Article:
The representative who picks the higher card is declared the winner. (Note: Aces are high, and if representatives pick the same number, it is determined by suites with spades being the highest followed by hearts, diamonds, and clubs.)

There will also be a hotline for caucus leaders to call in the event of questions.

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Steyer Tops Field In Nevada Events, Ads

Billionaire businessman Tom Steyer has held the most events in Nevada of the eight Democrats remaining in the race to be their party’s presidential candidate.

Steyer did not have enough support to qualify for Wednesday’s debate in Las Vegas, but he held a total of 56 events in Nevada. He also leads in ad spending in the state, dropping more than $16 million.

In total, the eight candidates held 231 events in Nevada. That’s significantly fewer than ahead of the first two contests in Iowa (1,137 events) and New Hampshire (853 events) — though there were more candidates in those two races.

Former Vice President Joe Biden held fewer than half the number of events in the state than Steyer did. In fact, when it came to events, Biden lagged all but two of the remaining competitors in the Democratic race. That’s significant because Biden has a lot on the line in the Nevada race after a weak performance in Iowa and New Hampshire.

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Backing ‘Bernie’ At The Bellagio

Chanting “Bernie,” supporters for Sen. Bernie Sanders, who is showing strength in early results, were out in force at the Bellagio Las Vegas caucus site. There was more support for Sanders in this crowd, which included many members of the Culinary Workers Union, than for any other candidate. But after Sen. Elizabeth Warren wasn’t viable here, her supporters mostly went over to former Vice President Joe Biden rather than Sanders:

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Entrance Polls Point To A Big Day For Sanders

All signs are pointing to a big day for Bernie Sanders in the Nevada caucuses.

According to the entrance polls, which are often paid for by big media organizations like CNN, NBC, ABC and CBS, Sanders leads with men, women, Hispanics, young voters and people who identify as very liberal.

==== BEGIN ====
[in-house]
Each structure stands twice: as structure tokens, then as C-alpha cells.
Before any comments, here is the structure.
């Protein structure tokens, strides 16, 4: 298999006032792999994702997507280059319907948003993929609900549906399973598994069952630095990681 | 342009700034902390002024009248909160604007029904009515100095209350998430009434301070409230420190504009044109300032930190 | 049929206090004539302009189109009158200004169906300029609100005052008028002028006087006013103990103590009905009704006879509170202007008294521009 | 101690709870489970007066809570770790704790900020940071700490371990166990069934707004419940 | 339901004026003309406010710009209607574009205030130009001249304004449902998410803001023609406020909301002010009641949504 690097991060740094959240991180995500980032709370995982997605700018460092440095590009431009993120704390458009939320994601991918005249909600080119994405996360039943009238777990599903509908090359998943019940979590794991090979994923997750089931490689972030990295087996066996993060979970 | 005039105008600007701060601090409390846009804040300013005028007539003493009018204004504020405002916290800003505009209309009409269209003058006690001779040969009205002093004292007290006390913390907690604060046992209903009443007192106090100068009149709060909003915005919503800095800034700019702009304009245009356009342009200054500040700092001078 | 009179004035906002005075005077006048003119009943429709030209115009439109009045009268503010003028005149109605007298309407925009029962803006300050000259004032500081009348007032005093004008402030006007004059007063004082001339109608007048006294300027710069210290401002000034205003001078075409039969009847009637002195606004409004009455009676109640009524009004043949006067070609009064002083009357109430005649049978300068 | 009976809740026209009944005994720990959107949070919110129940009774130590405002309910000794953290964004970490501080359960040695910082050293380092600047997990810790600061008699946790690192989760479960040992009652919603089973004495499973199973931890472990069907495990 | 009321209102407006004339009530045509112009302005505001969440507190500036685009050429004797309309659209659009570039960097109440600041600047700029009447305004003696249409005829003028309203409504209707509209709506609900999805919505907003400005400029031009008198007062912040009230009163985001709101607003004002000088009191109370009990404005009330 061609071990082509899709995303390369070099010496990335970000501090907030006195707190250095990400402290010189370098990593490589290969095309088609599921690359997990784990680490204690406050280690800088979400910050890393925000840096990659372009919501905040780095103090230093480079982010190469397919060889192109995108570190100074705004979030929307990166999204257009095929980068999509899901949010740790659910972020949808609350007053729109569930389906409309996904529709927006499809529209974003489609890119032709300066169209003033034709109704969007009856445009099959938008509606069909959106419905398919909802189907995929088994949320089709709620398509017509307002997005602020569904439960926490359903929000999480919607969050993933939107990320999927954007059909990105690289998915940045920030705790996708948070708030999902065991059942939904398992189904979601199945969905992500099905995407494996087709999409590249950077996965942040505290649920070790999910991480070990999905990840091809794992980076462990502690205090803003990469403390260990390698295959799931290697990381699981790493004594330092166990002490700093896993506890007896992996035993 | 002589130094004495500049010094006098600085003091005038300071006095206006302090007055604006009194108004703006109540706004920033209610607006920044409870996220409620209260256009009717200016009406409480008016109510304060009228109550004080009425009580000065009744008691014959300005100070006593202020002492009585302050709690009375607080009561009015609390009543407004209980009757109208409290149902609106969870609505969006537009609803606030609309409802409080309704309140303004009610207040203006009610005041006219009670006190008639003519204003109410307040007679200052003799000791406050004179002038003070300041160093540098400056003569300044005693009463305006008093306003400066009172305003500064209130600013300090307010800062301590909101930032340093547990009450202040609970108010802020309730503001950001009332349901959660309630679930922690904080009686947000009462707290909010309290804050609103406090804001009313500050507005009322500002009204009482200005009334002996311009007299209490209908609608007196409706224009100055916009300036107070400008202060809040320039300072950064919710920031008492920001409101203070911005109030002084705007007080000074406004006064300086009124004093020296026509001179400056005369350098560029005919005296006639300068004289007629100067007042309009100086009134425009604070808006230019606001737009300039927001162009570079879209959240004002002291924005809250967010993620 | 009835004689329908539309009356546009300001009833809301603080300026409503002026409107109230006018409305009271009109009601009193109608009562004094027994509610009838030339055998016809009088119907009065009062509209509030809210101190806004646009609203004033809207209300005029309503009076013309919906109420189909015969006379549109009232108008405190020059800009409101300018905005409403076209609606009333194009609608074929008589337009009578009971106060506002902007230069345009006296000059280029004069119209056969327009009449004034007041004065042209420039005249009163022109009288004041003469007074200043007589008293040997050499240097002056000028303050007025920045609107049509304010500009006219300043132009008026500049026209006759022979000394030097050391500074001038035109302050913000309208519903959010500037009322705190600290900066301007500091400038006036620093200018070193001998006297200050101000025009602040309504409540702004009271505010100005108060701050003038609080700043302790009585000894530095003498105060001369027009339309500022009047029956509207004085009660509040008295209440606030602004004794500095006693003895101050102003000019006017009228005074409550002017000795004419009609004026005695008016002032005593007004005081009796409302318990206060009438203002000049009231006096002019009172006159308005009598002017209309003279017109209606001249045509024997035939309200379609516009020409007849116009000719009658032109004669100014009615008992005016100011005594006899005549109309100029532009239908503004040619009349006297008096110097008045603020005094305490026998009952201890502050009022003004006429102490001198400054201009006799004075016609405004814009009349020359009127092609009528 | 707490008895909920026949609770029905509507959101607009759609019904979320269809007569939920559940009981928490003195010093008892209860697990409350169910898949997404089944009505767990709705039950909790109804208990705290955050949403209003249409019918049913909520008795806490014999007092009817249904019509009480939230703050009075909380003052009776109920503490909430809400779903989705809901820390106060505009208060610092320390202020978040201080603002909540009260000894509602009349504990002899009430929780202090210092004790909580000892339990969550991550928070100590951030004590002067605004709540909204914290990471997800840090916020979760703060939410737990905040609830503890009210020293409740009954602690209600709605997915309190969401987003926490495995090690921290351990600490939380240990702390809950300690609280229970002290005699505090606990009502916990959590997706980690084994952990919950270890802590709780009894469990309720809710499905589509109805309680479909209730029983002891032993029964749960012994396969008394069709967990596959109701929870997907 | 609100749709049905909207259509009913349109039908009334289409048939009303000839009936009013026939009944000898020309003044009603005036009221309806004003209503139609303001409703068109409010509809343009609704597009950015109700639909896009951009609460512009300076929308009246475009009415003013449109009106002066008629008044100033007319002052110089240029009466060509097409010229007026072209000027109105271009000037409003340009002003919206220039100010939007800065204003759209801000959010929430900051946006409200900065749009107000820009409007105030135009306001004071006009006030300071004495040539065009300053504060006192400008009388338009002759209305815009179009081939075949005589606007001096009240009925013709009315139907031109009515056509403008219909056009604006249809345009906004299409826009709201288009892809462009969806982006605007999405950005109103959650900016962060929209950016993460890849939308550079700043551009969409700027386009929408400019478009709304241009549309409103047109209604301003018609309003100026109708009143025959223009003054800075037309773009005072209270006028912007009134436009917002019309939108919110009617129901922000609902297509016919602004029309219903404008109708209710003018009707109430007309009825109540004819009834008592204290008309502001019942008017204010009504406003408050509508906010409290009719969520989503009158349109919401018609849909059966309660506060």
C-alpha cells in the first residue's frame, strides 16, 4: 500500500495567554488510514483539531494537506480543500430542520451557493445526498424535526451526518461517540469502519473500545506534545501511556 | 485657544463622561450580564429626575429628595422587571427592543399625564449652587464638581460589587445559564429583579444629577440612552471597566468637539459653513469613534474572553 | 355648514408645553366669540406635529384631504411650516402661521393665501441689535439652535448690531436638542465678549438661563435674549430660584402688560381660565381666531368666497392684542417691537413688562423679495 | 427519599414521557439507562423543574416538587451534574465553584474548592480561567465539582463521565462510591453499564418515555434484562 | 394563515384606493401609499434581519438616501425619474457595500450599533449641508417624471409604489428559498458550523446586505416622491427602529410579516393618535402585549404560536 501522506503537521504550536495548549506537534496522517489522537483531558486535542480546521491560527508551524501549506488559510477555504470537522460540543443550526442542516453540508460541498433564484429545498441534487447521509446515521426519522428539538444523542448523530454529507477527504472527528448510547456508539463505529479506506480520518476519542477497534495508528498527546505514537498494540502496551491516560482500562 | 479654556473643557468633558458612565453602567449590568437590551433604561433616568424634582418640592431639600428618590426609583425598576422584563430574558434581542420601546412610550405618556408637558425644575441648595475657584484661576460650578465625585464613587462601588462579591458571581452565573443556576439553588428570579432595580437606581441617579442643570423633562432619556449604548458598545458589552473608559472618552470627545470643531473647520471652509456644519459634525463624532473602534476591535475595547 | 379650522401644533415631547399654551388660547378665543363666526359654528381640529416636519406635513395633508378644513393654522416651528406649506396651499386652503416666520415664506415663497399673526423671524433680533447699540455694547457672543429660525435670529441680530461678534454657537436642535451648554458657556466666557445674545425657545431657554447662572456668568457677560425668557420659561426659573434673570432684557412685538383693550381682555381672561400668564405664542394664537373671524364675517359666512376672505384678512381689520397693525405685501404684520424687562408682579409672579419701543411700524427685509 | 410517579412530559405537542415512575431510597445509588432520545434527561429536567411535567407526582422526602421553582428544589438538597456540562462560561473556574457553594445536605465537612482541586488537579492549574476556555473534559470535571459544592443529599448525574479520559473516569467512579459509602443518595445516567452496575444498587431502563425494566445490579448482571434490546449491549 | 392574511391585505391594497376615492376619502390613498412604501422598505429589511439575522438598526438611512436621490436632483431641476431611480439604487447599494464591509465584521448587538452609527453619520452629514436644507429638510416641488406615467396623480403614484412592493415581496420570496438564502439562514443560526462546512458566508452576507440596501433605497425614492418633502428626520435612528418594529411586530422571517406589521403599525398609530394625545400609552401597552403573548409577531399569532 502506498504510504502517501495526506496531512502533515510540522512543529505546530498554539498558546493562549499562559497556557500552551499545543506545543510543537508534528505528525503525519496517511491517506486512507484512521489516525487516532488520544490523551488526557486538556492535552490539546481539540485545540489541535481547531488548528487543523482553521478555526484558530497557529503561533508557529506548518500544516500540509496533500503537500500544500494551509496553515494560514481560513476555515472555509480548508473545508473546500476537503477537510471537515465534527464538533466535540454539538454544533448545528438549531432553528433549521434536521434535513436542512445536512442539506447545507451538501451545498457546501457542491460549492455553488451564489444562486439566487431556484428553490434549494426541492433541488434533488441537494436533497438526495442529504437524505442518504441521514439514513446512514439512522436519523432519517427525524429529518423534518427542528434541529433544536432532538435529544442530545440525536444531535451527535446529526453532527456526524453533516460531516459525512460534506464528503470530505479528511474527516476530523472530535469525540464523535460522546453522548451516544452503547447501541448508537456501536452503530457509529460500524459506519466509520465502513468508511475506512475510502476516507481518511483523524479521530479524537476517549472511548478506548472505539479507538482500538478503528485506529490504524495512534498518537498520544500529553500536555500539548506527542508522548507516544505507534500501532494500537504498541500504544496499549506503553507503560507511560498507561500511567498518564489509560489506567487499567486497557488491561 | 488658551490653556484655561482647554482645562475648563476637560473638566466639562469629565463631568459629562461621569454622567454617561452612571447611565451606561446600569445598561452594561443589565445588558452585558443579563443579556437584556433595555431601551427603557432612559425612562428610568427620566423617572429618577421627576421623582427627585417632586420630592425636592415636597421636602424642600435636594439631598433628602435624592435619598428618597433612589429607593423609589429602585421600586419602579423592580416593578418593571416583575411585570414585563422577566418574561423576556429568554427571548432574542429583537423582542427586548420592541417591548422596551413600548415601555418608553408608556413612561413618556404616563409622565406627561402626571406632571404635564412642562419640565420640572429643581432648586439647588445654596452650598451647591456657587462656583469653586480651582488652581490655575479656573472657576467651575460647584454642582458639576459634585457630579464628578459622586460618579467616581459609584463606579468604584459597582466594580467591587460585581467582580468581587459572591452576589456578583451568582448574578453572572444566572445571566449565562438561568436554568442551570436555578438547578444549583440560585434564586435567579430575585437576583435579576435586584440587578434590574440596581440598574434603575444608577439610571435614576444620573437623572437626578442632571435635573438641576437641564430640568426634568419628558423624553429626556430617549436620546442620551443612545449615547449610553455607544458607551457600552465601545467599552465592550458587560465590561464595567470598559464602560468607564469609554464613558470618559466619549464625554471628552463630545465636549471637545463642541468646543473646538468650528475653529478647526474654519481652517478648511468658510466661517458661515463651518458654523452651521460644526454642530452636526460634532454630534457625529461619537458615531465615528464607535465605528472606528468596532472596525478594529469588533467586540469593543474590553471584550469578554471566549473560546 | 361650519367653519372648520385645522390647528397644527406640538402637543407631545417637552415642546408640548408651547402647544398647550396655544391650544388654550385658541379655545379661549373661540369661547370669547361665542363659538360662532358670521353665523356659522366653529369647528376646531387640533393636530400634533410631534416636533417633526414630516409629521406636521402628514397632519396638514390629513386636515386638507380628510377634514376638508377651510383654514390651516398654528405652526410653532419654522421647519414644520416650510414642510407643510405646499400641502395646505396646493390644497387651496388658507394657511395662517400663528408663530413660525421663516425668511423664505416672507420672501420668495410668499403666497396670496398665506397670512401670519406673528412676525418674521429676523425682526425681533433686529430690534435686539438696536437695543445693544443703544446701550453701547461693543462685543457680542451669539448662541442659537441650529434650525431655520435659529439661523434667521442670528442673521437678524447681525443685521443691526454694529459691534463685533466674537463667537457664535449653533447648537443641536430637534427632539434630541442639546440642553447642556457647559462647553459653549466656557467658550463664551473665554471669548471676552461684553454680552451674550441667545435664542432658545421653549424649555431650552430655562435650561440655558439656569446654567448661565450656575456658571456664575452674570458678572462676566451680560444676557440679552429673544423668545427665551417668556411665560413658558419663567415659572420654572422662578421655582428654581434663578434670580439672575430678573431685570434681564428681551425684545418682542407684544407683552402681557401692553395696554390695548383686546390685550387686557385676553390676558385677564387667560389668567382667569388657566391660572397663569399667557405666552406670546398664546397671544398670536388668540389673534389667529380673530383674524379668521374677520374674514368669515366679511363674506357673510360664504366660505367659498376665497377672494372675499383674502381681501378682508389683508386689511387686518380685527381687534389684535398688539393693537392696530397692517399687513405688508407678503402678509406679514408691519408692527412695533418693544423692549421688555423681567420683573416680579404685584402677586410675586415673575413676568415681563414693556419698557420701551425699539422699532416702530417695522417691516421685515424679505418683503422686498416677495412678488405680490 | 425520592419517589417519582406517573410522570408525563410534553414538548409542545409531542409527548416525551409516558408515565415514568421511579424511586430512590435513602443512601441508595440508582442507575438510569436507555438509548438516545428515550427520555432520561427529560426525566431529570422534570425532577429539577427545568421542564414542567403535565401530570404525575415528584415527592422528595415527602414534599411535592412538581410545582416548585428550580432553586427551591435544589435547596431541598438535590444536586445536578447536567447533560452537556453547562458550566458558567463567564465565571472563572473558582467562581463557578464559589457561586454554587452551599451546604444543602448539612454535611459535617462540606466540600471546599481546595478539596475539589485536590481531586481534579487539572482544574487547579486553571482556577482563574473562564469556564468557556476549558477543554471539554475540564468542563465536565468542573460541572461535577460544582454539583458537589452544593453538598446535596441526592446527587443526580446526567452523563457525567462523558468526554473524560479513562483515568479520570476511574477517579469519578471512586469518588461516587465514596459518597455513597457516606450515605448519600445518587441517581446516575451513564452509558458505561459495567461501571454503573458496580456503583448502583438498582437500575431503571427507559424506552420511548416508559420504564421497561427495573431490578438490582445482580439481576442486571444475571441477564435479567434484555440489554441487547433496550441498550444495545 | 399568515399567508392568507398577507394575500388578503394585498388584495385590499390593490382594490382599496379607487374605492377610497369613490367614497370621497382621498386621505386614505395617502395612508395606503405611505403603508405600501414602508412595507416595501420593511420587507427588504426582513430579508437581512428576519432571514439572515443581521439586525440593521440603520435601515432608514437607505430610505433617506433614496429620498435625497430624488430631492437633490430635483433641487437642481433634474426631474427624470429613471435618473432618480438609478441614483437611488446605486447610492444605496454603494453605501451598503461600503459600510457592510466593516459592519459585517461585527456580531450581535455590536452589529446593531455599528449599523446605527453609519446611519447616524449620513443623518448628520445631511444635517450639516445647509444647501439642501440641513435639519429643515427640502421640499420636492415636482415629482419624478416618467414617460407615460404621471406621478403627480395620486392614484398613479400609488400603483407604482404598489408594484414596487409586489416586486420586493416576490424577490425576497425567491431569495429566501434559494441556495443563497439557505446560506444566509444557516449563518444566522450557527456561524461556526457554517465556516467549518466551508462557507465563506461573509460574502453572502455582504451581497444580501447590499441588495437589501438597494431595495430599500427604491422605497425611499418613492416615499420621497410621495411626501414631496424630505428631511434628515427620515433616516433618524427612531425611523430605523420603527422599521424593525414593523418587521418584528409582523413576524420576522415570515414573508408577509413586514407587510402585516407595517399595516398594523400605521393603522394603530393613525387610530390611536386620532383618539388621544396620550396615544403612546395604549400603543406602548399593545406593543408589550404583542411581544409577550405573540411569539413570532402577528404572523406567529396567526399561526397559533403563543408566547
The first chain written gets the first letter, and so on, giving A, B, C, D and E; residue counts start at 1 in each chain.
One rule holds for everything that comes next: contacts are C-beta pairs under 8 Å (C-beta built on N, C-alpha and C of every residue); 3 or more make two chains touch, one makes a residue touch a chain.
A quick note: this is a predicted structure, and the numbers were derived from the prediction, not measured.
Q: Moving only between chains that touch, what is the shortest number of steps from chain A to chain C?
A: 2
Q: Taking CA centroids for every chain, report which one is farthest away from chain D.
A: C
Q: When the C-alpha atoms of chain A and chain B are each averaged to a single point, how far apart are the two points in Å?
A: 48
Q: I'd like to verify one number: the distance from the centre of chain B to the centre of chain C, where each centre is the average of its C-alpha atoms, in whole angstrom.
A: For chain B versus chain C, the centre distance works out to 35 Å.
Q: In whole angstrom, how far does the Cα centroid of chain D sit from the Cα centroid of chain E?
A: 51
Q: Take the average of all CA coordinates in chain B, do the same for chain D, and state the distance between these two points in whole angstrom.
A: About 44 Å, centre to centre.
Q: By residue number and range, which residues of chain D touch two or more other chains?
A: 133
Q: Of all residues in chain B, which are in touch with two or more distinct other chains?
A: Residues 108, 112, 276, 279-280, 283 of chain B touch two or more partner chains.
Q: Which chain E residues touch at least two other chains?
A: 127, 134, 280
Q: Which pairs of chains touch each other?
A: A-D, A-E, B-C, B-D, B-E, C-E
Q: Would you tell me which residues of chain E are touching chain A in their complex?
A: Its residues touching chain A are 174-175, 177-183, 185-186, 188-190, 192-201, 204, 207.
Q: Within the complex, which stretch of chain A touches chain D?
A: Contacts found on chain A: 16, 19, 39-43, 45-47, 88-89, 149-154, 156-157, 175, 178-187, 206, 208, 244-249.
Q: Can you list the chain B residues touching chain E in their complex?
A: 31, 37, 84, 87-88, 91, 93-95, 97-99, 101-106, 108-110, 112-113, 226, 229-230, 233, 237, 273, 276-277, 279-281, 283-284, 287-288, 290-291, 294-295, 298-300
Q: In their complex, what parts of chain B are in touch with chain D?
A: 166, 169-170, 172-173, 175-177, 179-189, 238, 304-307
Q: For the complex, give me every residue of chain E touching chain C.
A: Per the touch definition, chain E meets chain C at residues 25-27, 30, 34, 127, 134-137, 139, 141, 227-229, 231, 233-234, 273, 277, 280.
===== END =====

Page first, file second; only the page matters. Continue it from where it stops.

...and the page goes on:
He also leads with voters 45 to 64 and people with and without college degrees, and he did well with moderates and black voters.

The entrance poll data will change at the margins with successive data from different caucus sites and as the entrance polls are weighted to actual results. The following breakdown is as of 4:50 p.m. ET:


  • Women (54% of electorate): Sanders 31%, Biden 15%, Buttigieg 14%, Warren 14%, Klobuchar 12%, Steyer 10%
  • Men (46%): Sanders 39%, Buttigieg 16%, Biden 15%, Warren 10%


  • White (65%): Sanders 30%, Buttigieg 19%, Klobuchar 14%, Warren 14%, Biden 12%
  • Hispanic/Latino (18%): Sanders 54%, Biden 14%, Buttigieg 9%
  • Black (11%): Biden 34%, Sanders 28%, Steyer 17%, Warren 12%


  • 17-29 (17%): Sanders 68%, Buttigieg 10%, Biden 7%, Warren 6%
  • 30-44 (21%): Sanders 49%, Buttigieg 15%, Warren 15%
  • 45-64 (35%): Sanders 27%, Buttigieg 18%, Biden 15%, Warren 14%, Steyer 10%
  • 65+ (27%): Biden 27%, Klobuchar 20%, Sanders 13%, Buttigieg 13%, Warren 10%


  • Very liberal (30%): Sanders 52%, Warren 16%, Buttigieg 9%, Biden 9%
  • Somewhat liberal (35%): Sanders 31%, Buttigieg 16%, Warren 14%, Biden 13%, Klobuchar 13%
  • Moderate (31%): Biden 23%, Sanders 22%, Buttigieg 20%, Klobuchar 14%, Steyer 10%


  • College graduate (52%): Sanders 28%, Buttigieg 17%, Biden 15%, Warren 15%, Klobuchar 13%, Steyer 7%